Combined zinc supplementation with proinsulin C-peptide treatment decreases the inflammatory response and mortality in murine polymicrobial sepsis

Siarhei Slinko, Giovanna Piraino, Paul W. Hake, John R. Ledford, Michael O'Connor, Patrick Lahni, Patrick D. Solan, Hector R. Wong, Basilia Zingarelli

Research output: Contribution to journalArticlepeer-review

11 Scopus citations

Abstract

Zinc is a trace element vital for immune function during host response to infection. The proinsulin C-peptide has been shown to exert beneficial effects through activation of the anti-inflammatory peroxisome proliferator-activated receptor γ (PPARγ) in experimental endotoxemia. Some in vitro activities of C-peptide appear dependent on the presence of zinc. We investigated the effect of zinc supplementation before onset of sepsis on the anti-inflammatory properties of C-peptide. Male C57BL/6 mice were subjected to polymicrobial sepsis by cecal ligation and puncture (CLP). Mice received zinc gluconate (1.3 mg/kg) intraperitoneally (i.p.) for 3 days before CLP. One hour after CLP, animals received C-peptide (280 nmol/kg i.p.) or the antimicrobial agent imipenem (25 mg/kg i.p.). Cecal ligation and puncture was associated with an 11% survival rate, pulmonary leukosequestration, and liver injury. Molecular analysis in lungs of septic mice showed increased nuclear activation of the proinflammatory extracellular signal-regulated kinases 1 and 2 and nuclear factor κB, but decreased PPARγ expression, when compared with sham animals. Combination of zinc supplementation with C-peptide posttreatment significantly improved survival rate (61%) similarly to antibiotic treatment (60%), ameliorated lung architecture and liver function, reduced tissue neutrophil infiltration, and increased bacterial clearance when compared with vehicle, C-peptide, or zinc treatment alone. These beneficial effects were associated with restored lung nuclear expression of PPARγ and reduction of phosphorylated extracellular signal-regulated kinases 1 and 2 and nuclear factor κB activities in comparison to vehicle or single treatment protocols. Our data demonstrate that short-term zinc prophylaxis before the infectious insult is a requisite for the anti-inflammatory properties of C-peptide by facilitating modulation of inflammatory pathways.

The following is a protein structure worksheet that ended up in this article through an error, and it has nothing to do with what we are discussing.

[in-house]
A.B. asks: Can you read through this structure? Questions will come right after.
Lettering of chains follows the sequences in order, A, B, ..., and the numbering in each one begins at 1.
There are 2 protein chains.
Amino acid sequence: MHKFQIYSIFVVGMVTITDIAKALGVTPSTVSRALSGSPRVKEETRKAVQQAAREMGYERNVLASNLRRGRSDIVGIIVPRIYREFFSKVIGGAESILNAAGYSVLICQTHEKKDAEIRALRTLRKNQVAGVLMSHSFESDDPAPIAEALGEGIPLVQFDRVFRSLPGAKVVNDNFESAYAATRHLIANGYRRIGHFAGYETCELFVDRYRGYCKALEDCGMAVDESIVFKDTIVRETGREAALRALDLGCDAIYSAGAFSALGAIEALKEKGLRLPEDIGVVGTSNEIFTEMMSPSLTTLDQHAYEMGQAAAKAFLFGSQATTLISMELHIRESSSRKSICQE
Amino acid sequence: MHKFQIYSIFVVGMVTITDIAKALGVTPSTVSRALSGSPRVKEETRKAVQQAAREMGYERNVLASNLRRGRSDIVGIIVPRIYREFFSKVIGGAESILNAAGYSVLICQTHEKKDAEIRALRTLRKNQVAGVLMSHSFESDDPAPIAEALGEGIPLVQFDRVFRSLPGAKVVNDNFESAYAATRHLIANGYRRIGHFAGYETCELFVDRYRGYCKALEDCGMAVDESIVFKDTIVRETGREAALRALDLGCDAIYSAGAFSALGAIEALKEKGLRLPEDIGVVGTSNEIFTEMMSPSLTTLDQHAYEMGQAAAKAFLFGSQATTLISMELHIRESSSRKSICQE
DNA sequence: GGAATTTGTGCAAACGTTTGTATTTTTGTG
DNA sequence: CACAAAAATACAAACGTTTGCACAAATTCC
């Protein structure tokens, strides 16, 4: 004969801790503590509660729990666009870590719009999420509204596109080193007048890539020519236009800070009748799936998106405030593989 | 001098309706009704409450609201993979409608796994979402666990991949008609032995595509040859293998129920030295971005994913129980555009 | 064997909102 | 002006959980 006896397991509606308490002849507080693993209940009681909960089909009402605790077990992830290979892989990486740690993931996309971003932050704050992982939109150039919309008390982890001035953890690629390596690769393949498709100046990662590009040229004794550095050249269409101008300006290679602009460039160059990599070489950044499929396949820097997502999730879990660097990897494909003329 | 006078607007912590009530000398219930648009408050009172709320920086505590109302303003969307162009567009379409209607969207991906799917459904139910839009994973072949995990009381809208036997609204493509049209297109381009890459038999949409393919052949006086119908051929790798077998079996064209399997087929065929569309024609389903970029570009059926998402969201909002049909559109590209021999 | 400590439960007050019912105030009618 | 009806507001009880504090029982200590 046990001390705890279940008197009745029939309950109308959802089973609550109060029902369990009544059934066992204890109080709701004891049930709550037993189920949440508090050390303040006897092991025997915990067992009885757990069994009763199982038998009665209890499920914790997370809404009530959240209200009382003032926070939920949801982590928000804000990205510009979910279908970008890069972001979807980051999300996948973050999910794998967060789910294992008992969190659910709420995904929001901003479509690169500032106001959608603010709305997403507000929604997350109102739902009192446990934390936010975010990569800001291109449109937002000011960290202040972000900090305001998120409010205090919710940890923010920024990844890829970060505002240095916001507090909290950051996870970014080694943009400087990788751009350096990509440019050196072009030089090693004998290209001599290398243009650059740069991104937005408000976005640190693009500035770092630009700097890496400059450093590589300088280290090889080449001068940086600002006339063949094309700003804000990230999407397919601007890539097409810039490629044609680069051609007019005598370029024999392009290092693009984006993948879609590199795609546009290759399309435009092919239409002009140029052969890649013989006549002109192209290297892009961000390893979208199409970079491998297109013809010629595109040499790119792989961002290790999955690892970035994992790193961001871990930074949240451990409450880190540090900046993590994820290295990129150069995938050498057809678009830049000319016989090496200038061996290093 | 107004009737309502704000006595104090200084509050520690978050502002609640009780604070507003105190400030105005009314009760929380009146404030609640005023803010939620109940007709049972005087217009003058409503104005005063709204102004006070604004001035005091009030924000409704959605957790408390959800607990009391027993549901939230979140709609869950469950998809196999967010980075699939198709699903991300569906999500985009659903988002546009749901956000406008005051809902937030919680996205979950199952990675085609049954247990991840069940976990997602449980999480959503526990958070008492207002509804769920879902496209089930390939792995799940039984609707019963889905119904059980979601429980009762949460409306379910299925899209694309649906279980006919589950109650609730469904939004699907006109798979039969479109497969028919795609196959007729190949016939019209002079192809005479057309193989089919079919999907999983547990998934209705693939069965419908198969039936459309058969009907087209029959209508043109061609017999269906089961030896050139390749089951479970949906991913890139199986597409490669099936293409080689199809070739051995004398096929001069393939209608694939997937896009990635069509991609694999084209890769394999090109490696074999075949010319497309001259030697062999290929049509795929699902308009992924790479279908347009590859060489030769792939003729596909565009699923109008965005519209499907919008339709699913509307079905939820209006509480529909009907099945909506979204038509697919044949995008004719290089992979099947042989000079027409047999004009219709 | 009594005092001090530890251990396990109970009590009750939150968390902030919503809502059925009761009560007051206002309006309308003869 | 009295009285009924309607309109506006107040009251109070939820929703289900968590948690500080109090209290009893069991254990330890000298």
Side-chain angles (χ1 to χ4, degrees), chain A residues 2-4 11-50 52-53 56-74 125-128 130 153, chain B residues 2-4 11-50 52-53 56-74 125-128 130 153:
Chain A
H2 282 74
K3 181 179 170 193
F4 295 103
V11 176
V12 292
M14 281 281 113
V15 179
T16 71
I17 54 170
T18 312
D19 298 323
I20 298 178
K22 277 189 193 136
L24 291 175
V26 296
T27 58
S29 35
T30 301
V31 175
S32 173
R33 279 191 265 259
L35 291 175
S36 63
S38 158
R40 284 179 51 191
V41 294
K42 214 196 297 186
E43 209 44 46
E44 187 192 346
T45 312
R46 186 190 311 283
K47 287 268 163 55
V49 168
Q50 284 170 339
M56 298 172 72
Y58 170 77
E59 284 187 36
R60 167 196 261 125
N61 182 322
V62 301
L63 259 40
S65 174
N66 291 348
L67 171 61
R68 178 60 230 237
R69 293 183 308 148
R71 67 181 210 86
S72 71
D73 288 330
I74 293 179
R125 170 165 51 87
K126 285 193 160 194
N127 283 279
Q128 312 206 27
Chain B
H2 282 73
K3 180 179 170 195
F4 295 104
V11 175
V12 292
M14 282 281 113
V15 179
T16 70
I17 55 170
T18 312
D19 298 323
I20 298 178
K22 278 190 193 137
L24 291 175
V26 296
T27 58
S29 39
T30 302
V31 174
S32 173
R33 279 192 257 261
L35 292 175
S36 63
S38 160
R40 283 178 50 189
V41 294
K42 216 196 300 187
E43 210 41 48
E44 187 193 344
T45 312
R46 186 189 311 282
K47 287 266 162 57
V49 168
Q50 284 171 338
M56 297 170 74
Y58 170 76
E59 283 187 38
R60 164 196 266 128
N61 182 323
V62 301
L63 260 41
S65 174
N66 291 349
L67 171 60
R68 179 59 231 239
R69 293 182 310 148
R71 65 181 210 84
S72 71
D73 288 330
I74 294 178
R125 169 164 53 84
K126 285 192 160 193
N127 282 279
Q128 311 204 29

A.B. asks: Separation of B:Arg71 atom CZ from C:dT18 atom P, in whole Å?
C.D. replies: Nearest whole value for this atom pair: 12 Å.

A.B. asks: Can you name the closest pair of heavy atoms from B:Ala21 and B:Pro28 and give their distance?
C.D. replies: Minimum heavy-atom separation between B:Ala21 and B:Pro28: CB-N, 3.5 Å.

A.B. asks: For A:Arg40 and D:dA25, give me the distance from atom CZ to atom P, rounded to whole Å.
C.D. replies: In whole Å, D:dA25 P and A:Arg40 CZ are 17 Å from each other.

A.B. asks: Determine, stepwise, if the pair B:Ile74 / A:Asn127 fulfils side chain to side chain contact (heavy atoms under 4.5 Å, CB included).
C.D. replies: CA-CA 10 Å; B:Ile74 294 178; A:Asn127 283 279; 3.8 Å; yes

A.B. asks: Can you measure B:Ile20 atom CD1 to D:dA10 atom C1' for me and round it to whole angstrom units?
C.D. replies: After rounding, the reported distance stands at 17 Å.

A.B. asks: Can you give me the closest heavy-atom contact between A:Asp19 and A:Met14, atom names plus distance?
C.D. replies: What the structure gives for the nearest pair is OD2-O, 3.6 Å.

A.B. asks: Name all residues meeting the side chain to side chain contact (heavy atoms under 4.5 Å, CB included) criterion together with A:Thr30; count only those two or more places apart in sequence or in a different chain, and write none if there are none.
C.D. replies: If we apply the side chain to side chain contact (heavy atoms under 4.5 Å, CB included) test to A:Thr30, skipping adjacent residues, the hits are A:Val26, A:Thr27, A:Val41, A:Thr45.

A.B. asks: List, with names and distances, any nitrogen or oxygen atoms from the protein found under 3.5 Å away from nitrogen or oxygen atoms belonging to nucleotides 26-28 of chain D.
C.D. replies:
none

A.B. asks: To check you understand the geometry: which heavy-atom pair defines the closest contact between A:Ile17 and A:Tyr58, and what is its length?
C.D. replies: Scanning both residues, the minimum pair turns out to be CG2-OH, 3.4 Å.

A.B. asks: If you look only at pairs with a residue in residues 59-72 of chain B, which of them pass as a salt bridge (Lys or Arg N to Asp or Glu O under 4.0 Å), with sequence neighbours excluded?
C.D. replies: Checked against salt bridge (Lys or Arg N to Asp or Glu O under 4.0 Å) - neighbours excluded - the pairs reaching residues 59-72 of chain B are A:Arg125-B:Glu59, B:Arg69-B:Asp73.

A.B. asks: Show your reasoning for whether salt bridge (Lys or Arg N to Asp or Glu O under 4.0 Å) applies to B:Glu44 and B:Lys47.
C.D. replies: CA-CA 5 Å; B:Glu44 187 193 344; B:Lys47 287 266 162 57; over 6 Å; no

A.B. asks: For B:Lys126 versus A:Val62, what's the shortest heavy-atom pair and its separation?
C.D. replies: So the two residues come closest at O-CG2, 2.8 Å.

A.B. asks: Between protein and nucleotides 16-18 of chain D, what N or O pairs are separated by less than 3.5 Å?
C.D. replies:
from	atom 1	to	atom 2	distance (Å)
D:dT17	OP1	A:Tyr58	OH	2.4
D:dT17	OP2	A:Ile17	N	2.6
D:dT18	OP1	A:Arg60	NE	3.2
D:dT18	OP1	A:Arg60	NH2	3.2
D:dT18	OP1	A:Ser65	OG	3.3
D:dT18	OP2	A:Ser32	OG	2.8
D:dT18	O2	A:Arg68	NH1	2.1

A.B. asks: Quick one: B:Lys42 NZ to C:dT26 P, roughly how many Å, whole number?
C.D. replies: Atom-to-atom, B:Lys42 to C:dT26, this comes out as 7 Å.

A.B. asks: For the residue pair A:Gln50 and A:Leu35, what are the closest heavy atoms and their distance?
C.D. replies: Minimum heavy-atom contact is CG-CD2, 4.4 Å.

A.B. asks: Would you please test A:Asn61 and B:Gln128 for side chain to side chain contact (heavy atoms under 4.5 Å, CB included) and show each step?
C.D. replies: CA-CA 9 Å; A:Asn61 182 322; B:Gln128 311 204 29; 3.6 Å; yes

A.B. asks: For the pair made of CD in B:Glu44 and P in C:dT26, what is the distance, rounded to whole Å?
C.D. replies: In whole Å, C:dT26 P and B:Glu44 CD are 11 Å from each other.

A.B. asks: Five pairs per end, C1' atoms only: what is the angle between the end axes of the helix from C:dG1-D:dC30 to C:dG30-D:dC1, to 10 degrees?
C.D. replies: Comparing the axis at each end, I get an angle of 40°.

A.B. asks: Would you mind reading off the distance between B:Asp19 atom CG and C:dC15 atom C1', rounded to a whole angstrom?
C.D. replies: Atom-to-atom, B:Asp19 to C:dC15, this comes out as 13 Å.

Original languageEnglish (US)
Pages (from-to)292-300
Number of pages9
JournalShock
Volume41
Issue number4
DOIs
StatePublished - Apr 2014

Keywords

  • C-peptide
  • Extracellular signalYregulated kinases 1 and 2 (ERK1/2)
  • Nuclear factor κB (NF-κB)
  • Zinc

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